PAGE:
Erongo RED to face challenges head-onBy: CATHERINE SASMAN
THE price of electricity is too high.
This was the resounding message from the recent road show of electricity distributor Erongo RED across the region to communicate with its consumers.
The exorbitant price of power hampers the development of home industries, said the chairman of the the Erongo RED, Coenraad Botha, in an interview with The Namibian.
“If we can have electricity in every household in the Erongo Region at an affordable price, then people can go forward. It will empower so many people because it would allow people to run a small and medium enterprise from their homes. Currently many people cannot,” said Botha.
The regional electricity distributors (REDs) of Erongo, Nored and Cenored earlier this year lobbied Government to exempt them from income tax and to consider an infrastructure levy on electricity purchases in their distribution areas in an attempt to provide cheaper services to their clients.
Botha said the constant and unabated increase in prices of goods and services without considering alternative solutions is unsustainable.
“If this is the way we are going then there is no future for this country and for that matter, for the world,” he emphasised.
The road show visited Kuisebmond in Walvis Bay, Swakopmund, Henties Bay, Karibib, Usakos, Arandis, Uis, Omatjete, Otjimbingwe and Okombahe in June and July.
“The roadshow opened my eyes,” said Botha.
General concerns expressed by members of the public were that the RED tariffs are different from those charged by municipalities, and requests were made for more intensified rural electrification especially at Ondjouombaranga in the Otjimbingwe area, as well as for the prompt installation of pre-paid meters.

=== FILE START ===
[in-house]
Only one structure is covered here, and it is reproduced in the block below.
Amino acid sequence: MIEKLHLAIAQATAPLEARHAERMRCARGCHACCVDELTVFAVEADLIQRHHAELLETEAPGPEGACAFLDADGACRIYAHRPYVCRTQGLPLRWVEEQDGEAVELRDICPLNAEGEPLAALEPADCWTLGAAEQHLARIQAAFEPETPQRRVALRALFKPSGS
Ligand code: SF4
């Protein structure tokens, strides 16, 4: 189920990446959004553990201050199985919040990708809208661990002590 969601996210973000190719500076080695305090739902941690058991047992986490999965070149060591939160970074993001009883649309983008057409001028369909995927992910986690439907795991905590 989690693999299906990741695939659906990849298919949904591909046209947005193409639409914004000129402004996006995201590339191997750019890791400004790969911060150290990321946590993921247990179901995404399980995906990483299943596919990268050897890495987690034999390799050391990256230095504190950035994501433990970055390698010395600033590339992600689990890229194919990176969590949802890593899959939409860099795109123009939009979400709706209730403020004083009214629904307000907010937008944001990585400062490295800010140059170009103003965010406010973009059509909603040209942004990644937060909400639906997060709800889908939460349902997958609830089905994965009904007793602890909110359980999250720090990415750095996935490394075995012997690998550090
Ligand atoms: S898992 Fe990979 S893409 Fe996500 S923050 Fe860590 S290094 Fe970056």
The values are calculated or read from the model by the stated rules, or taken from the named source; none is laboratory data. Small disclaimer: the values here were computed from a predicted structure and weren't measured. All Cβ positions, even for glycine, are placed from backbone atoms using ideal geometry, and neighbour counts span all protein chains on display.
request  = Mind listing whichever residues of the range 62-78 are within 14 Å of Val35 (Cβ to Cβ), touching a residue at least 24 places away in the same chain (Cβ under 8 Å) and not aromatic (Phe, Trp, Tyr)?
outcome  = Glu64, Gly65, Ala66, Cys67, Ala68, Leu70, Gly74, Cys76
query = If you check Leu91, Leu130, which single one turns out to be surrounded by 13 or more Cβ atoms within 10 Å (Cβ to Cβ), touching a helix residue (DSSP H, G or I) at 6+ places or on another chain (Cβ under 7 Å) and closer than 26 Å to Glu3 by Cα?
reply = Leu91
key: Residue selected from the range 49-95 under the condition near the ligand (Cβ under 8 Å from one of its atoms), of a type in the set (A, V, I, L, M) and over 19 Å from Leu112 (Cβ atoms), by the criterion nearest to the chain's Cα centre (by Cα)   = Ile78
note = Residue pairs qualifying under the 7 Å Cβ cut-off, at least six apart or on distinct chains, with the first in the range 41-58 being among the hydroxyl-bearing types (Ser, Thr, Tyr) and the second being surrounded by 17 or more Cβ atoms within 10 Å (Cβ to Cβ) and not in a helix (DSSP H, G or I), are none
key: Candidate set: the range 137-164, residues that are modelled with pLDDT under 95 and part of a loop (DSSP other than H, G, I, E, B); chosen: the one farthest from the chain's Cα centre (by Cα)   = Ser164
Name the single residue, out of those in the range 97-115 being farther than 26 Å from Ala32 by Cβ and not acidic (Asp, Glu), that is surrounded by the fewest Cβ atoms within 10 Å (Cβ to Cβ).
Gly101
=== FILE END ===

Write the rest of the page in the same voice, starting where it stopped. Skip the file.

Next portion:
The Erongo RED will set up a call centre at the Erongo RED head office in Walvis Bay by the end of November, which Botha said is intended to improve service delivery.
This call centre will allow clients throughout the region to make account queries and to report power disruptions. Technicians will be dispatched through the call centre to attend to power outages.
As Erongo RED currently has nine different shareholders, of which one has about 50 percent and others have as little as two percent of the shares, there is always the problem of how to apportion representation on the board, Botha said.
An ideal scenario, Botha said, would be to have competent and well-equipped people with the right skills on the board instead of focusing on representation per shareholder.
“You normally have a tendency where municipalities prefer to send their own people from their councils, which means that you create a board of politicians. I believe there must be politicians on the boards to have somebody who knows the heart of the voters. But I believe there must be people with business acumen and professional people who understand the electricity industry as well.”
The shareholders’ representation will be discussed and agreed upon at a shareholders’ meeting in October and he believes an amicable solution will be found.
REDs are currently governed by the Companies Act, which prompted Botha to suggest that an Act be adopted to bring the REDs under the control of either the Ministry of Regional and Local Government, Housing and Rural Development, or the Ministry of Mines and Energy.